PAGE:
It’s the concept everyone seems to have jumped on this year, whether it’s publishers, journalists, or just the general public. Lauren explains why the commercialisation of hygge is ultimately taking the meaning out of it.
All the way back in issue three of In The Middle, I wrote about the Danish concept of ‘hygge’; the lovely concept of sitting around the fire, drinking hot chocolate, maybe with a storm raging outside. Having been in Denmark this summer, and having listened to actual Danish people talk to me gleefully about it, I came back to the UK thinking how great I would be if we adopted the concept over here…
Oh, how wrong and naïve I was back then.
The thing is, we’ve gone mad for hygge over here. Whether it’s the innumerable Guardian articles by Brits trying to break down the true meaning of the word, or the fact that Waterstones has entire tables dedicated to all the books written on the concept, it’s everywhere I turn. The nice little hygge bubble I experienced whilst studying in the country has been well and truly popped – so thanks for that. It’s all grimly predictable; Christmas unsurprisingly comes around every year, and companies will always need something new to latch on to and market just in time for the festive season. Maybe every other year I’ve been just as oblivious as everyone else, but with this year’s craze being something close to me, I’ve selfishly managed to actually take notice this year.
When I got back from Denmark, one of the first things I bought was a book on hygge, in some sort of desperate attempt to artificially recreate the happiness of the summer. Now, when you search for hygge on Amazon, you’ll be greeted by a whole array of books on the matter, all of which were released within the last two months. All of these books promise to help you find your special cosy place, rediscover the joy of simple things, or embrace the art of hygge, but the concept of hygge really isn’t so difficult to understand that you need a step-by-step guide to achieve it.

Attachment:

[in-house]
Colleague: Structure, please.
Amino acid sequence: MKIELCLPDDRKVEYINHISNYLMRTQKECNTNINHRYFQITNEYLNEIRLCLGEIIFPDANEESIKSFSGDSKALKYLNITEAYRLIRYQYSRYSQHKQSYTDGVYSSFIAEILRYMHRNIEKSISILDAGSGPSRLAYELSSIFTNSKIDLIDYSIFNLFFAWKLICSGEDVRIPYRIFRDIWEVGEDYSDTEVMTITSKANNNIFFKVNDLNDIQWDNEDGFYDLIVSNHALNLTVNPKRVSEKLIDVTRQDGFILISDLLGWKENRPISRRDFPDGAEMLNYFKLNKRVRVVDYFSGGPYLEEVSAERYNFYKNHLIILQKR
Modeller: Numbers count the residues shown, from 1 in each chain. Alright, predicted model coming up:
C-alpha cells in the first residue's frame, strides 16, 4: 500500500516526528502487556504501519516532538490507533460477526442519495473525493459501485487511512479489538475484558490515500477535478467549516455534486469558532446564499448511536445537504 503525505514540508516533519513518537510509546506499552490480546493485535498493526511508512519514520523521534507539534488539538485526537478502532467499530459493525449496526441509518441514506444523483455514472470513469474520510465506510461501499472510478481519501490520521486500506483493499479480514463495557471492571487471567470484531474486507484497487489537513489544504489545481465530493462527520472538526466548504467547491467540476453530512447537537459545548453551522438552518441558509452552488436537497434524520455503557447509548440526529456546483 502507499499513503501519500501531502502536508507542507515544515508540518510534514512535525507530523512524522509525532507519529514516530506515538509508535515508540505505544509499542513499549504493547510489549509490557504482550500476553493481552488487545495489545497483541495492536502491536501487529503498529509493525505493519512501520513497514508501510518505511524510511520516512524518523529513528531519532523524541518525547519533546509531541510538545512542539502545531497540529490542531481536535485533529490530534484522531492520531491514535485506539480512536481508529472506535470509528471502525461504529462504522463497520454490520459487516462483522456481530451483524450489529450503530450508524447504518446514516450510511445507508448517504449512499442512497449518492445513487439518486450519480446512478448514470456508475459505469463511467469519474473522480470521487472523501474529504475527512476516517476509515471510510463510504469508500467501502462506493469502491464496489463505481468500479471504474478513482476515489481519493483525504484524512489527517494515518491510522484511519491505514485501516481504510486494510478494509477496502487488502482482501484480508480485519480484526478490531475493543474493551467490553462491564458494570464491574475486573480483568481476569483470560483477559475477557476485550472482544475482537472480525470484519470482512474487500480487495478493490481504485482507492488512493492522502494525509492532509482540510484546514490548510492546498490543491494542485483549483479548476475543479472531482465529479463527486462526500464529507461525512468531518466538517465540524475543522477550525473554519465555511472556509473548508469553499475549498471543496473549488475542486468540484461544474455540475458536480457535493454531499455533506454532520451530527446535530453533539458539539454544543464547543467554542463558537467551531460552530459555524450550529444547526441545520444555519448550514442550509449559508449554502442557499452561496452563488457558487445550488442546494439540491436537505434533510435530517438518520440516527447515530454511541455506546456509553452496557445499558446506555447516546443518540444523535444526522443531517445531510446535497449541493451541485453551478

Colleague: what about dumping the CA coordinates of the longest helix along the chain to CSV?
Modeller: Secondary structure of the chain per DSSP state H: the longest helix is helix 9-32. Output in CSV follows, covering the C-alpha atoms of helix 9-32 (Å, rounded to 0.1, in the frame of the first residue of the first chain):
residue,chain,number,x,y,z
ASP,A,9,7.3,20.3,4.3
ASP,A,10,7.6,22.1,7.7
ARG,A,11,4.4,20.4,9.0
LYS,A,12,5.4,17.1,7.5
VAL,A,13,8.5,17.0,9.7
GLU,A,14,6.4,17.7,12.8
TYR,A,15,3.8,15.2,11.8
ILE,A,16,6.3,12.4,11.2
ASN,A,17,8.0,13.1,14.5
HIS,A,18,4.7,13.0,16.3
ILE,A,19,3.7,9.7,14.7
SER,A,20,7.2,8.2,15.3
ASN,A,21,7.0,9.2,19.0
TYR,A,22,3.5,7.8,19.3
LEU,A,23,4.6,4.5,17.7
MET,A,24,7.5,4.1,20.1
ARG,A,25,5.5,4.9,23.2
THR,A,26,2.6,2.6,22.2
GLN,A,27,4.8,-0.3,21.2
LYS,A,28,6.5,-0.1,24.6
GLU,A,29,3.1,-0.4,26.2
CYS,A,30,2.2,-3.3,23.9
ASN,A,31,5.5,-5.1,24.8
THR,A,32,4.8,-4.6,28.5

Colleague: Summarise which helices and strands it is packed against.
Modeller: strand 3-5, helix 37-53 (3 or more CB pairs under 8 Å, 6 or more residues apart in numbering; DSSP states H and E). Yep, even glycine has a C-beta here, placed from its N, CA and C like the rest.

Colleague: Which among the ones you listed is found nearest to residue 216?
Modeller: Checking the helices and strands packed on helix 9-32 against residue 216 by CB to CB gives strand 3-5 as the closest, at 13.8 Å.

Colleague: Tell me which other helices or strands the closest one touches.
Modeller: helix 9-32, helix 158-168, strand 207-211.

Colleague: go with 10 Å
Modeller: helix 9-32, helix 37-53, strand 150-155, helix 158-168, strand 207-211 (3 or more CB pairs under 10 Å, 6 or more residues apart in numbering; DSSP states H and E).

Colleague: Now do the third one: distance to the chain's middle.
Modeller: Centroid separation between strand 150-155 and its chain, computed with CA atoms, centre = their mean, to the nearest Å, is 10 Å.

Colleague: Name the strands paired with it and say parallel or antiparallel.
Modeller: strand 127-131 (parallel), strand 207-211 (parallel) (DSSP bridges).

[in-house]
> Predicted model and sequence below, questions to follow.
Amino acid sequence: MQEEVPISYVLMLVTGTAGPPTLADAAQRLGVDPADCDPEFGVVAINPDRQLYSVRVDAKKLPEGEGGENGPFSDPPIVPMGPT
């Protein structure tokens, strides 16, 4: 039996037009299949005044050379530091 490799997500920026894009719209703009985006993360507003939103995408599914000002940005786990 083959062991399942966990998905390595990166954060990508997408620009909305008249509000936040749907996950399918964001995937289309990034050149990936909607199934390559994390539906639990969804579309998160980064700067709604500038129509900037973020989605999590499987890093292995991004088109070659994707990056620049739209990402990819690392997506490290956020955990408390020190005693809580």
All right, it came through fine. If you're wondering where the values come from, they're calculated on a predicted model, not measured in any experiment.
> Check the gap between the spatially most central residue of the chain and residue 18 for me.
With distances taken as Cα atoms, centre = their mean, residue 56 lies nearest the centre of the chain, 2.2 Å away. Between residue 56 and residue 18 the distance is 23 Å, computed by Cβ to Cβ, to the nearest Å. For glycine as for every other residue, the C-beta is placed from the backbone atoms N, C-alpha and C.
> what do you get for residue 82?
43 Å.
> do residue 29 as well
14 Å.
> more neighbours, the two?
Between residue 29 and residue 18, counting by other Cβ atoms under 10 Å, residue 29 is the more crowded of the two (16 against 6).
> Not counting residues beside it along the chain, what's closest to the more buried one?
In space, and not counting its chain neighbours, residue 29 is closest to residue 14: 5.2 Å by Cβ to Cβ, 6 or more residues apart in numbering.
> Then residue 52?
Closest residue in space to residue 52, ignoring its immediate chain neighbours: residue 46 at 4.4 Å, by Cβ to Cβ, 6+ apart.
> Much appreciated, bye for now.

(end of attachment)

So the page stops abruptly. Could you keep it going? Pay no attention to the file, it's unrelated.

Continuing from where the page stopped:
After hearing about hygge on TV, my mum told me that she’d been living the hygge life for ages, and she’s not wrong. That’s the thing with hygge; it’s really not that hardest thing to achieve. As I said in my previous piece, what’s hygge for you isn’t necessarily hygge for someone else, and that’s the beauty of it. It’s all about finding your own little bit of happiness
It’s not exactly a completely unknown concept to the UK. I doubt there would be many people who would be upset at the idea of snuggling up under a blanket on the sofa, Christmas film on the TV, accompanied by a few candles. It’s called being cosy, and it’s called being nice. It’s just that now, publishers, journalists, chefs and everyone else has latched on to the fact that it can be given a simpler name, even though seemingly no one can pronounce it correctly.
Ultimately, commercialising hygge is perhaps the most unhygge thing you can do. How about we just leave it to the Danes, who seem to have the concept pretty much nailed, given that it is theirs after all.
(Photo credit: http://www.nieniedialogues.com/2015/12/christmas-eve-in-hygge-fashion.html)